If you read the running magazines you’ll often see various percentages or multiples used to calculate your pace for that all important long steady run (LSR). Building up this solid aerobic base is the cornerstone to your training especially for distance races. What works for one person won’t for another so ultimately I’ve always found the best approach is to pick a few friends and just get on with it.
Today was a good example. Paul had run 18 miles the previous day, I was mindful of a hamstring tweek from ten days ago and our friend Ros is gaining in distance and confidence after some time out. In short, we had 16 miles planned along the South Downs Way (SDW) and no agenda for pace other than to enjoy being out in the countryside and clocking up time on our feet.
Starting from Queen Elizabeth Country Park at 8am we were confronted by thick mist which would largely steal the views on or run but at the same time it gave an unusual outlook on a route we knew well.
I hadn’t seen Ros since December and before her first marathon so it was great to hear her talk about how it went. It’s noticeable how you drop into a comfortable pace when chatting and at the same time the miles just fly by.
Once we’d run the big hill out of QECP there are about nine undulations until Harting Down and the glorious National Trust (NT) land that stretches along the top of the South Downs. A, LSR, will help you develop your own running rhythm which alters according to the conditions, elevation and terrain. Todays conditions underfoot were reasonable even allowing for a fair splattering of mud and puddles.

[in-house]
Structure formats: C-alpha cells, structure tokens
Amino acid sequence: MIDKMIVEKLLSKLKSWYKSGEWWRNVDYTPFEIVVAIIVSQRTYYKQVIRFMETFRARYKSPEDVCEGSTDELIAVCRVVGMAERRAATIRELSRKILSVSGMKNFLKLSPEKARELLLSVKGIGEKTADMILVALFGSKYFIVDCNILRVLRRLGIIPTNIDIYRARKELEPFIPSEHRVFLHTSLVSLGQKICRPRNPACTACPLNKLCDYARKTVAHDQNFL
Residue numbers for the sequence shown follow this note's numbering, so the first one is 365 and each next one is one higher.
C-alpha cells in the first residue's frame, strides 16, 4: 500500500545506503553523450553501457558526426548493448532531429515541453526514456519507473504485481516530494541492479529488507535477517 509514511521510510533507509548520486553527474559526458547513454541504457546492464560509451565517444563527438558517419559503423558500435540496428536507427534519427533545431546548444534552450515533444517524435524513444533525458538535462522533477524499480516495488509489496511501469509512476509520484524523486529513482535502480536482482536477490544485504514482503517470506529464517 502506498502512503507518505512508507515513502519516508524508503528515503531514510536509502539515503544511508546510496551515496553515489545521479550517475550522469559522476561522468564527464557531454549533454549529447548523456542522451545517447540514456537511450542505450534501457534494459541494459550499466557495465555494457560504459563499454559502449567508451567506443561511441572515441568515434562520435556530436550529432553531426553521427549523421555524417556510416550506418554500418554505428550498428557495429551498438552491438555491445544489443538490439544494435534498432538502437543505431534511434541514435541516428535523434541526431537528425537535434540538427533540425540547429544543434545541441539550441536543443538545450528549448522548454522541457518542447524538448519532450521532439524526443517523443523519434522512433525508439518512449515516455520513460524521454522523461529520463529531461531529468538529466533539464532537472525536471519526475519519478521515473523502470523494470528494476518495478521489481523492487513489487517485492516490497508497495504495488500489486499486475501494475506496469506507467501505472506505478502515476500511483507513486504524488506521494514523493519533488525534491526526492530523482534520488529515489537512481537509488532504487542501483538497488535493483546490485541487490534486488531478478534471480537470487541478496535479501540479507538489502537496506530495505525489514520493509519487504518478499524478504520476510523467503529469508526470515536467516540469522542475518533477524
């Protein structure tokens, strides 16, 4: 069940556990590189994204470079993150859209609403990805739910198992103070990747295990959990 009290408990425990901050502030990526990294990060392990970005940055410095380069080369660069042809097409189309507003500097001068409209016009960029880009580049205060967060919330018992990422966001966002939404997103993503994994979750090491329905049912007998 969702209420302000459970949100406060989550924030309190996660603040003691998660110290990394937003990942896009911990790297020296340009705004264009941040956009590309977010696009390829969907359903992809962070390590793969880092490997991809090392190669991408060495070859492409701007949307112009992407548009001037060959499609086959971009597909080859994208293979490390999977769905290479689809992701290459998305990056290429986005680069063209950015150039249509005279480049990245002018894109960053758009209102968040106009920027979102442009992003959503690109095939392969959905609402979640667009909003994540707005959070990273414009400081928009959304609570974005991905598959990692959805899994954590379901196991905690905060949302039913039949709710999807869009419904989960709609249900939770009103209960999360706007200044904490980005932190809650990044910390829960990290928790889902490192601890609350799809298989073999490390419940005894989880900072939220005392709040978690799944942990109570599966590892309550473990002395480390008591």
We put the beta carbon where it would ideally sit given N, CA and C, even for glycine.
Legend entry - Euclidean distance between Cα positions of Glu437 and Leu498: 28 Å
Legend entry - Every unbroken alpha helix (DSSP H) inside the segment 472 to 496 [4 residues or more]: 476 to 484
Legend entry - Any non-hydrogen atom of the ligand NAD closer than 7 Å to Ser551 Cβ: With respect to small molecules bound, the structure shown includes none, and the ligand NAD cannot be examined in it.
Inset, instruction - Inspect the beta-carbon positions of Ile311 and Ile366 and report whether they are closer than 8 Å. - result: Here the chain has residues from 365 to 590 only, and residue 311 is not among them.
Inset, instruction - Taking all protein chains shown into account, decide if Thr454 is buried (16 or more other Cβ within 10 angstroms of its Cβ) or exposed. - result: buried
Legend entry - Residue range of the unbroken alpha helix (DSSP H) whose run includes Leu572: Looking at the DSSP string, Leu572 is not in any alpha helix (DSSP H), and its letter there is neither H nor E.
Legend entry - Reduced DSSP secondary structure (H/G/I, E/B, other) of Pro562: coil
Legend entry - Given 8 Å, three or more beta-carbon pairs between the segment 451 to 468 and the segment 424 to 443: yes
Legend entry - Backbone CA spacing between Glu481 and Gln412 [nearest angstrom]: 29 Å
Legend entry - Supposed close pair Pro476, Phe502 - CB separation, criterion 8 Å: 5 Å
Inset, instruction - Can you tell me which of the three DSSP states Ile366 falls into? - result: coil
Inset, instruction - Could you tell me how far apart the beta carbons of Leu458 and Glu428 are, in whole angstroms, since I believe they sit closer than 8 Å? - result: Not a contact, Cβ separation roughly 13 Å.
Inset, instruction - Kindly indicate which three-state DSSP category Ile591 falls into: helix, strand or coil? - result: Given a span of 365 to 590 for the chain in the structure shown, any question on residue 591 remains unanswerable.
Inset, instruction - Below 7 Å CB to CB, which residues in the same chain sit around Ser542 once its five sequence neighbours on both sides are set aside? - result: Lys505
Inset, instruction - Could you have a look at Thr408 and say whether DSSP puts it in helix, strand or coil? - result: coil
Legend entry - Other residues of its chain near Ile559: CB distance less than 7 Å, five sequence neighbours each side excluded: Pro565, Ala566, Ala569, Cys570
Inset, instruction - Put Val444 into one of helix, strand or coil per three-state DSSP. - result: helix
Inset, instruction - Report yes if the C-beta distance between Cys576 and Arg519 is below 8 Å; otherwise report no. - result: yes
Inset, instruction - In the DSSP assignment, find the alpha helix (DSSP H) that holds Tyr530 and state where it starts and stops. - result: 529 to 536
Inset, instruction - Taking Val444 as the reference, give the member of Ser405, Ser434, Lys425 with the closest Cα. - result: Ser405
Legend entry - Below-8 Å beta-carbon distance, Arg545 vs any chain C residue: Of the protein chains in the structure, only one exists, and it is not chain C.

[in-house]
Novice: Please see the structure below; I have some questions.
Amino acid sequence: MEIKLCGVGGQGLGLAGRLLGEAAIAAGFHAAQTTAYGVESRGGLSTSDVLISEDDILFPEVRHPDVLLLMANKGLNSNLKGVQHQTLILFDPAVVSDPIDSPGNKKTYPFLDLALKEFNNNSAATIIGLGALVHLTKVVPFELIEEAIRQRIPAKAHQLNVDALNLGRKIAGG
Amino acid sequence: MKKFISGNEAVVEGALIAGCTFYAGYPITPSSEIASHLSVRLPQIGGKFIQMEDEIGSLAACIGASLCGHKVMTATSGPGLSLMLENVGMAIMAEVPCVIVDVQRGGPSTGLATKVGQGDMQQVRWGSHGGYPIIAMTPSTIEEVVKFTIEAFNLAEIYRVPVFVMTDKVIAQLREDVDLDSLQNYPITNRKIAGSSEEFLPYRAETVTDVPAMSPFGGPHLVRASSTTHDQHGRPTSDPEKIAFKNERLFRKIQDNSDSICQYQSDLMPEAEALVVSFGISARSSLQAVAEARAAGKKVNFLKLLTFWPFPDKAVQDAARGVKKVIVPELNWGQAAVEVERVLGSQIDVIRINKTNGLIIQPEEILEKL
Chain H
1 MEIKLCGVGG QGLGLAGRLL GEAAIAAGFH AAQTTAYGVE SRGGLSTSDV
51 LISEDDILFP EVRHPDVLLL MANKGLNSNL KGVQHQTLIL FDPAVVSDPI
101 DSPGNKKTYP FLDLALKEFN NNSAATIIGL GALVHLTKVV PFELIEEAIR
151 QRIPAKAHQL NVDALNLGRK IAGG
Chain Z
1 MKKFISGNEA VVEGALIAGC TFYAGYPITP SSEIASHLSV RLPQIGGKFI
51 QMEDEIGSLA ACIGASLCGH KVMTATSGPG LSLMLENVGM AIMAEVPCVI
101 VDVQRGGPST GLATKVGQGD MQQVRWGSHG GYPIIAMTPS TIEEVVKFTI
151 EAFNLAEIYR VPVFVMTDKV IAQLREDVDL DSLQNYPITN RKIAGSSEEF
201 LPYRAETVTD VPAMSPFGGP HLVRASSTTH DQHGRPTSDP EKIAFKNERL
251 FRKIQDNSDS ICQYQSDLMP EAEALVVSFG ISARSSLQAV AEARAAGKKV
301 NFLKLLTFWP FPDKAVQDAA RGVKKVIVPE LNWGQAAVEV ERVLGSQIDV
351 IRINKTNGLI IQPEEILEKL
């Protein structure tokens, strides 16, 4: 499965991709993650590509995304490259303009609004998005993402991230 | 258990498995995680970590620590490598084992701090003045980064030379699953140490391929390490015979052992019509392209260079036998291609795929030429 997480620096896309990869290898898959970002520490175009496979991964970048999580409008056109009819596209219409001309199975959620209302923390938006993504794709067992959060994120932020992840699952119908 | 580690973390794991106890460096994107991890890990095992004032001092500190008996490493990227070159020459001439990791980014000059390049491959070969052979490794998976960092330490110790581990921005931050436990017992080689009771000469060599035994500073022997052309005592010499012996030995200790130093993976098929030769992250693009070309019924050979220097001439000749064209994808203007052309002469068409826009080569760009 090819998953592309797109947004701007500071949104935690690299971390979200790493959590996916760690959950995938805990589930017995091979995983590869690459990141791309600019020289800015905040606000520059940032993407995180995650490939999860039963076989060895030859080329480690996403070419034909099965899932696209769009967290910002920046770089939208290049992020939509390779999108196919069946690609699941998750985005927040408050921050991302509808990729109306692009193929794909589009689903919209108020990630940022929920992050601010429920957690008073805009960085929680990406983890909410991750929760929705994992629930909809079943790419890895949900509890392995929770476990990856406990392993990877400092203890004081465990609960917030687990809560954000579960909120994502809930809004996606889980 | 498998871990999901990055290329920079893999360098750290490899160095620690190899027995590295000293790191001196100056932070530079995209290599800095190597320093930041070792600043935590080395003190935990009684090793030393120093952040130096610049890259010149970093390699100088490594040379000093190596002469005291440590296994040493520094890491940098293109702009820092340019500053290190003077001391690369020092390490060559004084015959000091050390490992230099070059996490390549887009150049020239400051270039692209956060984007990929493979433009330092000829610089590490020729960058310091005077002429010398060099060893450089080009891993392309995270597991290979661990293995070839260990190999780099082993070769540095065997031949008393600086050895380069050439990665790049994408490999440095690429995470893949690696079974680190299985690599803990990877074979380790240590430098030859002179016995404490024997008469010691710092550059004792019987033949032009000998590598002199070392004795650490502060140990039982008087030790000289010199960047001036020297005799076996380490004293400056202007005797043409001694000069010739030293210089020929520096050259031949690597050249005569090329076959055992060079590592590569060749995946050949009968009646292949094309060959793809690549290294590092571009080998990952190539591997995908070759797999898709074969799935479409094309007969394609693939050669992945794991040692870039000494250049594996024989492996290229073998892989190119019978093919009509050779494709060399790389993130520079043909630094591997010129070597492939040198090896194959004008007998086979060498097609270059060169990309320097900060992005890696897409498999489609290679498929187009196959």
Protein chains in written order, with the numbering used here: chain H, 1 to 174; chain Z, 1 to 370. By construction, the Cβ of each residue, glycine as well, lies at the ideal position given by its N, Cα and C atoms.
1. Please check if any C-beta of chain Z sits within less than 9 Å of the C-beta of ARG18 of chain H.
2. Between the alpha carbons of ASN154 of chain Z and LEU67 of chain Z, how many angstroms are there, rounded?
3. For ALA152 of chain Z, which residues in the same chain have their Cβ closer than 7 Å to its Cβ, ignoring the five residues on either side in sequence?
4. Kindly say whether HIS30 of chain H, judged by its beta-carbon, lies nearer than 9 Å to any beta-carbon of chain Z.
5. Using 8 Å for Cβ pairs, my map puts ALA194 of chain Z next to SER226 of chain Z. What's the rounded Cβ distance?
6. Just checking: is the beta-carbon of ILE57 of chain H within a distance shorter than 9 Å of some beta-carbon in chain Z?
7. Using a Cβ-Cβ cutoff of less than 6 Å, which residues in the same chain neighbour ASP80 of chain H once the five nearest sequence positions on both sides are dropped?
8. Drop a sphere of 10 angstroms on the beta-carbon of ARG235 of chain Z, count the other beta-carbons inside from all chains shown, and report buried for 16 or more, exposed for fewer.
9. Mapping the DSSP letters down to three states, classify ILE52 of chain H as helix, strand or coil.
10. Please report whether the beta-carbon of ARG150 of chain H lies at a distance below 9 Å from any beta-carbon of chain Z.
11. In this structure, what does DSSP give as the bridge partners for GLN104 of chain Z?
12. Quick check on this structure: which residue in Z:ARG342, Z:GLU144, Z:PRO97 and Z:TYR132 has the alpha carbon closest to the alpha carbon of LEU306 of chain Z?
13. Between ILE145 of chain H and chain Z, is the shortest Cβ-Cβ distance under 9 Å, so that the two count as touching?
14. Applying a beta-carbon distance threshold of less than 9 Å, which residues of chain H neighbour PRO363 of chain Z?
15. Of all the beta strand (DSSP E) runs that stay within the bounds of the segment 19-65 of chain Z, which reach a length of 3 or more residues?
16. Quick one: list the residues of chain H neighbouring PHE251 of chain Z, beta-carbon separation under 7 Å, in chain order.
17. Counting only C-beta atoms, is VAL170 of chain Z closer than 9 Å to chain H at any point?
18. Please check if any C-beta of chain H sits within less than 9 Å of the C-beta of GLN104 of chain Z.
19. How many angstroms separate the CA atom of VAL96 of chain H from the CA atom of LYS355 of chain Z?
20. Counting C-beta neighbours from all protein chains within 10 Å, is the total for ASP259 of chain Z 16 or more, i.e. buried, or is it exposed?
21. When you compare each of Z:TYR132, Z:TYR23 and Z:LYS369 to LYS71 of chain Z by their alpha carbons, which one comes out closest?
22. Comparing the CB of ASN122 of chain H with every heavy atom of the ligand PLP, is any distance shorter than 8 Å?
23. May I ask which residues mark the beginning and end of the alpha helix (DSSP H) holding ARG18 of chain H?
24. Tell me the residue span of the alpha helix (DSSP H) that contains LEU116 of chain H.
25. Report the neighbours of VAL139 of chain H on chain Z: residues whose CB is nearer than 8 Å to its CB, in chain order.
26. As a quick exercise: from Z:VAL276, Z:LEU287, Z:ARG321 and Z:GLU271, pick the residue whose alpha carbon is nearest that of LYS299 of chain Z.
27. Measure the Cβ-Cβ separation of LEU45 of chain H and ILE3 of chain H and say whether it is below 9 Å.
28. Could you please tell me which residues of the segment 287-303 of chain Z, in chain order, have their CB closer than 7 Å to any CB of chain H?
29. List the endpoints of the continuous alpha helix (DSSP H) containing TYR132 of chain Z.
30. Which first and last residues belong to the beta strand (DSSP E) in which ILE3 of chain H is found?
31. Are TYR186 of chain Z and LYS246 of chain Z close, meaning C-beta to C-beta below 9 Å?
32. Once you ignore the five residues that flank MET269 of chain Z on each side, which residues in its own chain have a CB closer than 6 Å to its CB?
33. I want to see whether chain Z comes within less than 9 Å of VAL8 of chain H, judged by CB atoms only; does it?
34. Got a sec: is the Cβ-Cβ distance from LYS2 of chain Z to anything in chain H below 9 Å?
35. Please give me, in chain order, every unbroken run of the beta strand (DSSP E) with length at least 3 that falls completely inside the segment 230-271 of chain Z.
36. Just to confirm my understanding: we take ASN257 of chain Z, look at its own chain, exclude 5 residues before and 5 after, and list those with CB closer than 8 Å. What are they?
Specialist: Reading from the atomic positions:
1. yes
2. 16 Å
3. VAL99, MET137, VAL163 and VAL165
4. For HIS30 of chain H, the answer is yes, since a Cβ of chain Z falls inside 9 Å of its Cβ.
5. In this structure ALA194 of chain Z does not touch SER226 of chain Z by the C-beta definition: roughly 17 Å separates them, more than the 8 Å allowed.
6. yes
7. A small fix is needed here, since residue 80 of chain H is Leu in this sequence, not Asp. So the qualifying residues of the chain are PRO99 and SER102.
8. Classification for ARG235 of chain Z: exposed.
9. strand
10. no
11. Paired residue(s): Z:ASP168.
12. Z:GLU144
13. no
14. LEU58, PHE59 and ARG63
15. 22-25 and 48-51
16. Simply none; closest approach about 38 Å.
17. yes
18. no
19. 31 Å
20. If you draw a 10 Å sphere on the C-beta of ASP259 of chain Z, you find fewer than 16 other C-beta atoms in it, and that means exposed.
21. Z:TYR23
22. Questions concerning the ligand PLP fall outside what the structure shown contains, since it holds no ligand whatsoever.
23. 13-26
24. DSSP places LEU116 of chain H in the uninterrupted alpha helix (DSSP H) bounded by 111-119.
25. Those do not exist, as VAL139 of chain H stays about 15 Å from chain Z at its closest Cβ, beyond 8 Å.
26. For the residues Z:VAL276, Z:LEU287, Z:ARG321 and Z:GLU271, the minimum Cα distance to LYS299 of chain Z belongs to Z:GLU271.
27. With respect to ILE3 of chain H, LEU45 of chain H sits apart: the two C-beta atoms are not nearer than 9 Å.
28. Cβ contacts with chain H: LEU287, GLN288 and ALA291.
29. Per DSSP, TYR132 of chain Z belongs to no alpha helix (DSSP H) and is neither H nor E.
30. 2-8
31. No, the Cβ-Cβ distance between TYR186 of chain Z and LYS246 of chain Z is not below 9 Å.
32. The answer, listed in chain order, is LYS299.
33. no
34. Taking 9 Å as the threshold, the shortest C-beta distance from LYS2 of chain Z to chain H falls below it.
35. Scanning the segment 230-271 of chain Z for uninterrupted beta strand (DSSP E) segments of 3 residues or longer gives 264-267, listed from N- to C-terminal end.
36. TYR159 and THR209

With the first 5 miles under our belts the National Trust sign was an obvious point for a quick refuel and the photo from the start of my blog. Once onto the NT land the sheltered trails change to wide open areas of grass land.
The wide open spaces are also home to some very hardly looking cows with hairy coats that look like they should be in Scotland rather than Hampshire. Turns out the National Trust are trialling these Scottish cows downs South Galloways
Needless to say the cows had no interest in what we were doing as I’m sure they are used to passers by !! The banter between the three of us is also a key ingredient that helps the miles pass by and I think this photo summed up the fun we had today.
The latter part of our outward leg was down and up a steep chalky trail that’s often photographed by SDW folk. The cattle grid was a reminder that we weren’t alone and as Ros took this photo of me we carried on for another mile or so before heading back.
The second half of the run was slightly slower but again it’s all about listening to each other and gauging how you are feeling. There’s a time and place for speed work but today was all about a steady pace, miles in the bank and knowing that we’d all benefitted.
Naturally you recover quicker from a steady run and this recovery process was helped by a pot of tea in the QECP café where we chatted to three Stubbington Green runners who’d also been out. A lovely run with great mates and 16 miles in the “running bank”.